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Name: Margaret H.
Status: educator
Age: 30s
Location: N/A
Country: N/A
Date: 12/17/2004

1. I understand that ozone must be hybridized because the bond lengths between the oxygen atoms are the same. For the Lewis dot resonance structure, the central oxygen atoms has a double bond with another oxygen atom. I can understand how each of these atoms are sp2 hybridized. However, how is the other oxygen atom sp2 hybridized? Does a dative covalent bond somehow allow for/create a p-orbital?

2. Does the negative charge on an atom also allow for/create a p-orbital? In the acetate ion, does the oxygen with the negative charge become sp2 hybridized because the lone pair with the negative charge moves to a p-orbital? If so, why?

Dear Margaret,

Of course, these are excellent questions. Here's my own take on this. Basically, if the molecule is going to be symmetrized by resonance, all of the contributing orbitals must be symmetrized as well - including their hybridizations.

(1) In order for the electrons to be delocalized, they must occupy a delocalized state, which is generally referred to as a pi molecular orbital (same as in benzene). This molecular orbital is best described as the completely in-phase combination of p orbitals localized on each atom. This in term is most easily interpreted by assuming that each atom is sp2 hybridized, leaving an empty p orbital on each atom which can overlap with the other two.

(2) Acetate actually has a lot in common with ozone, except that instead of an O at the middle we have CH3-C. The need to invoke sp2 hybridization here for both O atoms is the same as in the case of ozone; we have two equivalent bonds which are in resonance, which means that there is a delocalized pi molecular orbital formed by the overlap of a p orbital on C with p orbitals on the two oxygen atoms. It doesn't have anything to do directly with the presence or absence of formal charge on the atoms.

Fundamentally, whenever you have resonance between equivalent structures, all of the atoms involved in the resonance are going to have to have equivalent contributions to the molecular orbitals, so they will all have to use the same hybridization model.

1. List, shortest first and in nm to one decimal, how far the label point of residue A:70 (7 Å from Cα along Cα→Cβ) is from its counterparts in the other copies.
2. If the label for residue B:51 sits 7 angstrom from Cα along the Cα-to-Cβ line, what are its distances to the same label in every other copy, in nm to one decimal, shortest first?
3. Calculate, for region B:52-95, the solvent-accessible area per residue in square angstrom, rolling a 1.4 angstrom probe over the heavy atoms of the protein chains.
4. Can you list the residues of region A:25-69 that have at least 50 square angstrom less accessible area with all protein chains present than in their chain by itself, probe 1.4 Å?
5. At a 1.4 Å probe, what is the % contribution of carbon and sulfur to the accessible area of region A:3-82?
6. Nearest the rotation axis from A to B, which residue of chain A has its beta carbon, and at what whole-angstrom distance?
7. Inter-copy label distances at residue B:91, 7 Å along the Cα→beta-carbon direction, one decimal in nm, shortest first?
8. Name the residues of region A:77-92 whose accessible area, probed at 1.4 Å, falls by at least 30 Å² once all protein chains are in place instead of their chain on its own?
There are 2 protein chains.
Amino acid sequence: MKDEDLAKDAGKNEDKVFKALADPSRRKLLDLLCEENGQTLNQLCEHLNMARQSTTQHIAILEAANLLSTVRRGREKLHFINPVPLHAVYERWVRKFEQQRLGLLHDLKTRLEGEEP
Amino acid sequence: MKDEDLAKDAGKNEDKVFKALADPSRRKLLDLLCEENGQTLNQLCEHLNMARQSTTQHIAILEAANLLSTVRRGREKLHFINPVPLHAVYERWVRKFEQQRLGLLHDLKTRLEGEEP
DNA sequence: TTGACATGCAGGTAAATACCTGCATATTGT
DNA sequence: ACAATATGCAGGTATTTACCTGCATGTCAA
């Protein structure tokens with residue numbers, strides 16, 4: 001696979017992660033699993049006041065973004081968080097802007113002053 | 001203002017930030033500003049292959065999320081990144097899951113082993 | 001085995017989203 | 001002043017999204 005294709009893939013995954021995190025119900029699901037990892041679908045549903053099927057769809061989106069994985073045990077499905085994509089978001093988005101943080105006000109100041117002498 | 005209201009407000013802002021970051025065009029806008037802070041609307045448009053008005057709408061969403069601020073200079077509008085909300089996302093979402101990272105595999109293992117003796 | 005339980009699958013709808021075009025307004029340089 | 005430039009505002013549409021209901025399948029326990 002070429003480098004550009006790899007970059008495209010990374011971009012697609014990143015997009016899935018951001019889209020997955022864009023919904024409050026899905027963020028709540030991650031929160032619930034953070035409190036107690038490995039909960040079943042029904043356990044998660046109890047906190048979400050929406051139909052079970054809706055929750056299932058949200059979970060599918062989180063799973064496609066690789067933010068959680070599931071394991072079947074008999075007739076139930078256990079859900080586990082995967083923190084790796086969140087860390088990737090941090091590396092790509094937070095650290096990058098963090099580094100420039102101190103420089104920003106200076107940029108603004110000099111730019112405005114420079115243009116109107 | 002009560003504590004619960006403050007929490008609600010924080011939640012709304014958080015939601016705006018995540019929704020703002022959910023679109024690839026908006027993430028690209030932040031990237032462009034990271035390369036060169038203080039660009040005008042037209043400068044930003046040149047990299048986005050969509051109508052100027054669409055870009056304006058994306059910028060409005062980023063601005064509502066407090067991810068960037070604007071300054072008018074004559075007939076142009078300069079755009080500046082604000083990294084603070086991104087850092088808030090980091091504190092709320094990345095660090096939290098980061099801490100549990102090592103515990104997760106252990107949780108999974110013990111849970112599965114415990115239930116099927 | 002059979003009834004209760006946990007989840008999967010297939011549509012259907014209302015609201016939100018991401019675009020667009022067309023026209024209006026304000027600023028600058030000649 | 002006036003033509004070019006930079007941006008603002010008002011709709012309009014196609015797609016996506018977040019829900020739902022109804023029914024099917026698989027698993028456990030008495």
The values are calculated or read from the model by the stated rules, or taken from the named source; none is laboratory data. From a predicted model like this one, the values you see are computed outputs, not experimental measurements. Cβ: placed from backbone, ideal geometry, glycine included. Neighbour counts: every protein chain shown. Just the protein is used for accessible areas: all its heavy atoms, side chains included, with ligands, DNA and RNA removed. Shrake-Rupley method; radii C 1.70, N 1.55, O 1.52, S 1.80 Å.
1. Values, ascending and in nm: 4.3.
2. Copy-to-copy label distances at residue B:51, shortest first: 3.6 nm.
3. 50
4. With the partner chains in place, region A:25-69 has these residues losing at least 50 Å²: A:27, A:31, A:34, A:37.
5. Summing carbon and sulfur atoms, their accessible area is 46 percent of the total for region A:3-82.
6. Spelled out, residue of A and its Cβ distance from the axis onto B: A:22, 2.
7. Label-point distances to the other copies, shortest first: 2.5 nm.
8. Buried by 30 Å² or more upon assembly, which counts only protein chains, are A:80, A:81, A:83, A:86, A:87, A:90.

Hope this helps!

Dr. Topper

Question 1. You have to be careful about "explaining" chemical bonding in terms of approximate models whether it is Lewis dot octet rules, VSEPR, hybridization, or molecular orbitals. Each has its place and utility; however, each also has examples where it fails, especially the simple models. Ozone is one example where the "simple" models just do not work very well. The tip off is the fact that ozone is blue. That means it has low energy excited electronic states (like oxygen). Another flag is the fact that the bond length of O2 and O3 is 0.1207 and 0.1278 nm, respectively. Almost the same! There has been quite a bit of theoretical work done on the electronic structure of ozone. The sites below can provide you with some of that work, at varying levels of complexity. As you might guess I have an interest in the bonding in O3!!

Question 2. Again you have to use the model "that works" in the case of acetate anion, CH3--CO2(-1) the charge is considered to be delocalized equally over the two oxygen atoms. Lewis octet rules do not handle that concept "naturally". The two oxygen atoms are electronically identical. So in order to retain the Lewis model one has to talk about partial electronic charges, the electron jumping back and forth between the two oxygen atoms. At best that stretches the model trying to explain a concept (delocalization) that it was not intended to handle in its original conception.

Vince Calder


2- I do not think charge has much to do with determining the hybridization state.

I think (ground-state) electrons are just magic little quantum computers that feel out the molecular landscape, invisibly think about what distribution has lowest energy, and then manifest that distribution.

What influences their decision is: the number of electrons present vs. the set of quantum states (orbitals) available to be filled (much like the Lewis picture), and the skeletal pattern of the nuclei to which they conform, which cannot be quickly moved by the electrons.

The electron we think of as adding a negative charge, is from the hybridization viewpoint just another electron to be accommodated like the others. Either accommodated, or jettisoned into free space if the energy penalty of the molecule's net charge is too high. We know from experience that the charge is not jettisoned.